Date & Time:
Thursday, October 9, 2014 5:30 p.m.
Friday, October 10, 2014 5:30 p.m.
(expected to end at 7:30 p.m.)
The program is the same for both days.
Venue: Intermediatheque 2F Lecture Theatre ACADEMIA
Admission free (no reservation required)
Language: Japanese (no subtitles)
The number of seats limited to 48. We request your comprehension.
* Doors open at 5:15 p.m.
* Photographing, filming and recording are strictly prohibited.
* Please refrain from eating and drinking in the museum.
Opera Synthetica “BUNGONOJO”
At the Academia (Lecture Theatre) within the Intermediatheque, we will be staging a new opera.
Ten years have passed since I started working on this opera. The present staging is an experimental attempt to play orchestral music synthesized by means of a high quality software on several speakers (two pre-war gramophones, a stereo set from the Satoshi Yuze collection, and stereo speakers of the latest technology), all at the same time. The speakers from the Yuze collection are thought to be from the JBL Signature series made around 1960. Therefore, various types of sound quality from differing eras, from the pre-electrical age and the generalization of stereo recording to the contemporary era, are intermingled.
A word about the software synthesizer system. The method consists in recording every single note of every instrument in every possible situation (such as forte or piano, staccato or slur), and blending them delicately according to the motif of the music and the way of playing each instrument. This way, it is possible to synthesize a whole piece with a higher sense of reality.
Lately, with the remarkable development of software synthesizer technology, it is no exaggeration to state that live execution of background music has almost disappeared from commercials and television dramas. Nonetheless, there was no attempt to entirely synthesize a full-orchestra opera.
The present opera consists of two acts, and depicts the legends related to the life of the joruri narrator Miyakoji Bungonojo who achieved great success during the Kyoho era in the beginning of the 1700s, and the ban on joruri edicted by the shogunate.
Hirohisa Mori, Associate Professor, Intermediatheque Department + Associate Professor, International Research Center for Japanese Studies (Information Science)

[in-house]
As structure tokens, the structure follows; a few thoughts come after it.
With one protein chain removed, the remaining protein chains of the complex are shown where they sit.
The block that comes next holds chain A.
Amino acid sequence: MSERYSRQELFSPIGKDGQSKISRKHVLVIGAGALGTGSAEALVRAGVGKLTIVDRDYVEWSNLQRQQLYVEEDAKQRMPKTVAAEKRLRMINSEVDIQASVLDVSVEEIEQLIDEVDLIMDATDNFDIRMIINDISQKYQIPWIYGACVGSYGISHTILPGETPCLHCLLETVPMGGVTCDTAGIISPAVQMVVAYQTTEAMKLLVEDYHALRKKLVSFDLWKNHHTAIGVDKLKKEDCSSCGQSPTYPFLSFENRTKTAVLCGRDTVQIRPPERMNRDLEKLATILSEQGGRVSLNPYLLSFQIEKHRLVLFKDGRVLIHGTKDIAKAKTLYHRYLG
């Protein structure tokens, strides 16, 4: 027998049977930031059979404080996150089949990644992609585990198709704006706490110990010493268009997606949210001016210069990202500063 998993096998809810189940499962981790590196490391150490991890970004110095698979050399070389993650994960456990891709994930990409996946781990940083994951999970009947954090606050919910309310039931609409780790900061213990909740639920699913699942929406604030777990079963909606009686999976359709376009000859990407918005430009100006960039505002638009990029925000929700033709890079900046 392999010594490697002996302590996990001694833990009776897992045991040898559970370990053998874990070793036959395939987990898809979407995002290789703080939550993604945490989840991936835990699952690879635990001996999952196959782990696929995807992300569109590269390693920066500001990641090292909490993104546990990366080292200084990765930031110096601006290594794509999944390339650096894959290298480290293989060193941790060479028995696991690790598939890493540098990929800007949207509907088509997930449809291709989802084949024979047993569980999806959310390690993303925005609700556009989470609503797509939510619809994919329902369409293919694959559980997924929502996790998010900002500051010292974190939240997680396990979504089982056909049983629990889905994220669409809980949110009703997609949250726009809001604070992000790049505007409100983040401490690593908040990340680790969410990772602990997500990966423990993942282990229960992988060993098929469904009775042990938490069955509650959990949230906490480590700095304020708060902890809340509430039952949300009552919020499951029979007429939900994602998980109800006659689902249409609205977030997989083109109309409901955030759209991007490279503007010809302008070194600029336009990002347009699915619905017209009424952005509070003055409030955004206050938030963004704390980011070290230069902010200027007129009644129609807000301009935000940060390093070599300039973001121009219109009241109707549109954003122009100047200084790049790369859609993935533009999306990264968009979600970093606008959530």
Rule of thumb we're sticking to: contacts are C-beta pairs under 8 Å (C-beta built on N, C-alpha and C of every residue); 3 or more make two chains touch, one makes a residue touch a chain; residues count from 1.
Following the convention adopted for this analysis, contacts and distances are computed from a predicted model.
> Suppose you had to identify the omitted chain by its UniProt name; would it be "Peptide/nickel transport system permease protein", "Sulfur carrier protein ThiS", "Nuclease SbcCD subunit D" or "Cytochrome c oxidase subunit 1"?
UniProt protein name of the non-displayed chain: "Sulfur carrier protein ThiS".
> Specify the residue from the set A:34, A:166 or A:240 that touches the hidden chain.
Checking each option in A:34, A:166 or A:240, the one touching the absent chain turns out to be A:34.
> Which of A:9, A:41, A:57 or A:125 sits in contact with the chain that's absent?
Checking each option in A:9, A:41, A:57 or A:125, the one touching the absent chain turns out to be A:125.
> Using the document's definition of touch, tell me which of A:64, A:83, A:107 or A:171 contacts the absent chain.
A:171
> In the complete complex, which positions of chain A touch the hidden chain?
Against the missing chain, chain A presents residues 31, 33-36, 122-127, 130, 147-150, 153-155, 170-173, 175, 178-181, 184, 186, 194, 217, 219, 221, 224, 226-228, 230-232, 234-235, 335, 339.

Production, composition, staging: Hirohisa Mori
Scenario: Masayasu Komiya
Organizer: The University Museum, the University of Tokyo (UMUT)
Start – 17:30
Act One – From Summer to Autumn (approximately 1 hour)
Scene One – The Dressing Room
Scene Two – The Tea House
Scene Three – Please Do Not Approach Carelessly
Scene Four, Tableau One – Shundai
Tableau Two – Shundai Aria
Scene Five – The Joy of Creation
Scene Six, Tableau One – The Ichimura Theatre
Tableau Two – Dance “Tamatsubaki”
Tableau Three – After the Musical Performance
Interlude (20 minutes)
Act Two – From Winter to Spring (approximately 40 minutes)
Scene One – Scene in the Magistrate's Office
Scene Two, Tableau One – View of the Nakamura Tea House
Tableau Two – Wakana Aria
Scene Three – The Parting
Scene Four, Tableau One – Lyrical Scene of Travelling
Tableau Two – Dance “Tamatsubaki”
Victrola Credenza VV8-30
Gramophone made by Isamu Hirabayashi
JBL signature stereo speaker
Amplifier: Stereo preamplifier model C-150
Power amplifier P-350
Azabu audio stereo speaker
TIMEDOMAIN stereo speaker
Finale 2011 (score notation)
Finale 2011 Human Playback
Build 126.96.36.199. (MakeMusic Inc. Robert P.)
TIME VARIANT FUNCTIONAL PROCESSOR (TVFP)
Developed by Hirohisa Mori
Sequencer: LogicPro 9
Synthesizer: East West Quantum Leap Symphonic Orchestra and Chorus
Garritan ARIA Player (for shamisen parts)
DAC： MOTU UltraLite mk3
Computer: MacBookPro MacOSX 10.7
Format: 24bit 44.1kHz 8ch
Subtitles: Final Cut Studio 7